J Integr Plant Biol. ›› 1987, Vol. 29 ›› Issue (1): -.

• Research Articles •    

Photomorphogenesis of Plant Roots in Vitro

Tong Zhe, Lian Han-ing, Duan Jing-xia and Tsui Cheng   

Abstract: Photomorphogenetic phenomena of excised roots of various plants cultured aseptically in White medium were studied. Continuous white fluorescent light (3000 lx) could generally inhibit extension growth of the primary roots and lateral roots, depress emergence of lateral roots and raise of fresh weight of roots. If greening of the roots could be induced by light, however, the light would increase the fresh weight and formation of lateral roots. Addition of 75 mg/l inositol significantly improved root development. Continuous irradiation stimulated greening of excised roots from some plants (e. g. cucumber, bird rape, India mustard and maize) depending on their hereditary potency. Chlorophyll a, chlorophyll b and carotenoids accumulated slowly. After 1 day or 5 days under the light, chlorophyll or carotenoids could be detected separately. Total amount of plastid pigments per unit of fresh weight in roots was much lower than in leaves. More sucrose applied could pro- mote synthesis of chlorophyll and growth of roots. Chloroplasts appeared in small parenchyma cells located in the stele. They did not come frorn proplastid, but were transformed from a kind of leueoplast-amyloplast. Electron microscopic photographes indicated that starch grains diminished gradually while lamella structure appeared first within enveloped and then filled inner-space of plastid. Many thylakoids stacked to form irregular-shaped gram. These chloroplasts seemed to be different from those in mesophyll. Special inhibitor of carotenoid biosynthesis (norflurazon) prevented chlorophyll synthesis with high efficiency while another photosynthetic inhibitor (motoxuron) increased chlorophyll accumulation in isolated roots.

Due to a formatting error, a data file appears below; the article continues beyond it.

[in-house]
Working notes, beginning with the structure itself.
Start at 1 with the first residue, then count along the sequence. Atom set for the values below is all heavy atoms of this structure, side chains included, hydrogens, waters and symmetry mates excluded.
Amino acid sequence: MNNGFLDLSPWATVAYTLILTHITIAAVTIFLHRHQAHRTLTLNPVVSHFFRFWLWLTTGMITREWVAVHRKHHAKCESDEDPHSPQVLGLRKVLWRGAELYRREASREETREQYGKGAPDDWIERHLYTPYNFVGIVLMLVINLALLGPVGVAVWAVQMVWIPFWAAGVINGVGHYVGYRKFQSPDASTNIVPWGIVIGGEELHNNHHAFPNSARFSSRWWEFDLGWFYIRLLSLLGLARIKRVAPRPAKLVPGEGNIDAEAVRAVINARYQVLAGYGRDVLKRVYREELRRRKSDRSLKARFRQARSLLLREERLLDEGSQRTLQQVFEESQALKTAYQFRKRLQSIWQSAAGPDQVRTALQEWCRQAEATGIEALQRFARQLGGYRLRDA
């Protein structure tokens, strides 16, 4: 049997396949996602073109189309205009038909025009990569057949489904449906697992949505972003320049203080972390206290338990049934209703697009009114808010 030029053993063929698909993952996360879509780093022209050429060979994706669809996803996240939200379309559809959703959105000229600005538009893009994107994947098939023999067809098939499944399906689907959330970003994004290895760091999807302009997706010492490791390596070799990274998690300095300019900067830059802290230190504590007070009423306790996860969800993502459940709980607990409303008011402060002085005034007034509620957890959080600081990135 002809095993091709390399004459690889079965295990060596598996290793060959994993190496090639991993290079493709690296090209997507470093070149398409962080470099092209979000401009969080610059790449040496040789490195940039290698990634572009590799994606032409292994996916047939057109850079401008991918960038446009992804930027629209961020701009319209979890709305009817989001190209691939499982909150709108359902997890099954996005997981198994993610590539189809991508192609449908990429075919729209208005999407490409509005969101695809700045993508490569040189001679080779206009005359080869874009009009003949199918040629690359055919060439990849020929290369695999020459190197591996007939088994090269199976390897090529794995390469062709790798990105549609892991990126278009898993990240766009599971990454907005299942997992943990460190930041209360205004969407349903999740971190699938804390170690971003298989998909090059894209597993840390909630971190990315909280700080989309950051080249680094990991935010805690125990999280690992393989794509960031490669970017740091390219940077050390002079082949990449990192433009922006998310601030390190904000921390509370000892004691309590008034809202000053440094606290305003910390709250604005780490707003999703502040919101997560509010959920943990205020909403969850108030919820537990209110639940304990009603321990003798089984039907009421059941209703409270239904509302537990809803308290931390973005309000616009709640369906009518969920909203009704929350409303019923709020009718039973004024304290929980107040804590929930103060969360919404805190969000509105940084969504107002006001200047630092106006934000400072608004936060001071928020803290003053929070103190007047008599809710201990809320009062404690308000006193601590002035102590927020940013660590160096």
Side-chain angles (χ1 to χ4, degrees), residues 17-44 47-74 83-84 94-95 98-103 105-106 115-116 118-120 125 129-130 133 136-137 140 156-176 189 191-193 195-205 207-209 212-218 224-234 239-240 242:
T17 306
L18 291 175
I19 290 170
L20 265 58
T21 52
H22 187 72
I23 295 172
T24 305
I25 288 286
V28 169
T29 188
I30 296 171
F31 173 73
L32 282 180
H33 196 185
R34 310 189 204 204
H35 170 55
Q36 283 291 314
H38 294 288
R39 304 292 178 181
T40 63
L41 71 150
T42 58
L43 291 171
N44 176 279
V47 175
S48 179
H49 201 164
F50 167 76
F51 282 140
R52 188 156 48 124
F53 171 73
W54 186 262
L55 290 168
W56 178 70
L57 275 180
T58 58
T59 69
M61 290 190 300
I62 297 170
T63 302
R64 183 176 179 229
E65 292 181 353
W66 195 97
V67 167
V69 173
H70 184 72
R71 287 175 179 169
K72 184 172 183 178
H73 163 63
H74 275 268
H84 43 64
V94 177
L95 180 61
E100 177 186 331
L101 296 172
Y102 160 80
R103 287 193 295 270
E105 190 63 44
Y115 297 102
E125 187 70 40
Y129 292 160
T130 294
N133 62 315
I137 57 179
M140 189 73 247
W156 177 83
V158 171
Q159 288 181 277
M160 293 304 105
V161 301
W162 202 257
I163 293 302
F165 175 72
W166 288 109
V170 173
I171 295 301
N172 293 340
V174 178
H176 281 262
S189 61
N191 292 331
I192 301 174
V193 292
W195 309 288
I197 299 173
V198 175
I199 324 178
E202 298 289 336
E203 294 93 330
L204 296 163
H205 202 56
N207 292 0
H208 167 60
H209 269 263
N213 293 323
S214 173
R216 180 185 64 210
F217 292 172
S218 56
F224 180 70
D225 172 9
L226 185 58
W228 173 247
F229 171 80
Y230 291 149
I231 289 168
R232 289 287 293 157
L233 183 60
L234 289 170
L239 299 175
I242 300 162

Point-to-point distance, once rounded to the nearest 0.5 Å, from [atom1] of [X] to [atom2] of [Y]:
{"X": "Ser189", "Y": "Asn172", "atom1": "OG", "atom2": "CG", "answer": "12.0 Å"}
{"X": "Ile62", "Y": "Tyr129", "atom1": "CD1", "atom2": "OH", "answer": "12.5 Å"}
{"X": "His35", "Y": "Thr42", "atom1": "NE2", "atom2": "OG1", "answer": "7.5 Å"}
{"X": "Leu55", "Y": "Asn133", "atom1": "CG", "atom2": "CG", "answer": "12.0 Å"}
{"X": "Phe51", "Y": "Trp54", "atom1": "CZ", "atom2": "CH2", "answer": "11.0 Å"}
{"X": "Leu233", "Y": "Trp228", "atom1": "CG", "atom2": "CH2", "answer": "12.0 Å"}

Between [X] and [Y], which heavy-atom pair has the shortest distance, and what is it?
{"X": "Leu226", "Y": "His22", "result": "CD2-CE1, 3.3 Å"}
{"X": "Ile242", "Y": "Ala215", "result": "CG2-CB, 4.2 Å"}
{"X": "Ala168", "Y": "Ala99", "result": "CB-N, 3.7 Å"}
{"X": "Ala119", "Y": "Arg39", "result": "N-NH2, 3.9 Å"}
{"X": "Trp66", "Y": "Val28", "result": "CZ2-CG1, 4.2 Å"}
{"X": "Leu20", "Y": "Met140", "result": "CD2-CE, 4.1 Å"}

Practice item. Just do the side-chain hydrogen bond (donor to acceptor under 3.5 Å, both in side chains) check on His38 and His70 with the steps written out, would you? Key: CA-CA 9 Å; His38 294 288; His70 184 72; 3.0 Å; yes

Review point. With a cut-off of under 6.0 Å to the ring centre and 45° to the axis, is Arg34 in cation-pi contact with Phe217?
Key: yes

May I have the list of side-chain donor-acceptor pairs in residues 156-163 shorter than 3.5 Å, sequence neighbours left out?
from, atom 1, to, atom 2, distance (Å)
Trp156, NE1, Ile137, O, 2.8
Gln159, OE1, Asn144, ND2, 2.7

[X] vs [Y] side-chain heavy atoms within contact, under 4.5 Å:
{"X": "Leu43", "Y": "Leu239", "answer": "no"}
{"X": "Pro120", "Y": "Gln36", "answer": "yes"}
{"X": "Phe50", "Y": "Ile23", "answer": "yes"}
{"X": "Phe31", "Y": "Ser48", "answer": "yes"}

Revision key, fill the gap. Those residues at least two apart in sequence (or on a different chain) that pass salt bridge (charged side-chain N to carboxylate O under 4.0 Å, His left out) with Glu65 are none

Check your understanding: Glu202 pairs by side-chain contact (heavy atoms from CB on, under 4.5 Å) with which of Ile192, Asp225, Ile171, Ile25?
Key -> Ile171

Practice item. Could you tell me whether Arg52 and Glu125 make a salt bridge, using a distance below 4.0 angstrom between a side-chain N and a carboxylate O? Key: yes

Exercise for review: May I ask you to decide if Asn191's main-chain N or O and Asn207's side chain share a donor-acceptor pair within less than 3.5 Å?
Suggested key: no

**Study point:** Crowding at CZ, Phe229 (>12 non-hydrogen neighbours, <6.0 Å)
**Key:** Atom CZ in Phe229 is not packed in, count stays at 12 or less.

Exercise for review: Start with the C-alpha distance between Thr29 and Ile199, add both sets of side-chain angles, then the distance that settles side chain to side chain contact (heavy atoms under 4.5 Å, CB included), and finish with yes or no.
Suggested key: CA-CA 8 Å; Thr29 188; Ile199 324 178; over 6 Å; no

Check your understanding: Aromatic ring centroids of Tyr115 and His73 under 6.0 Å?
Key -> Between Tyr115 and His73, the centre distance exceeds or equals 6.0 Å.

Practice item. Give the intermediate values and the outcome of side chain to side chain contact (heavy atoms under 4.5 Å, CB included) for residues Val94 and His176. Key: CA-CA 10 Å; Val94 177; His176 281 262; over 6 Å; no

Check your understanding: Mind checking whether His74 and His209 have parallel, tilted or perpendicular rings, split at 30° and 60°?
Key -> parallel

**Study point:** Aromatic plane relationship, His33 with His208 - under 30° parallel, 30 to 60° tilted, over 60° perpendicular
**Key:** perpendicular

Key words: Cucumber, Isolated root, Photomorphogenesis, Chloroplast differentiation, Herbicide

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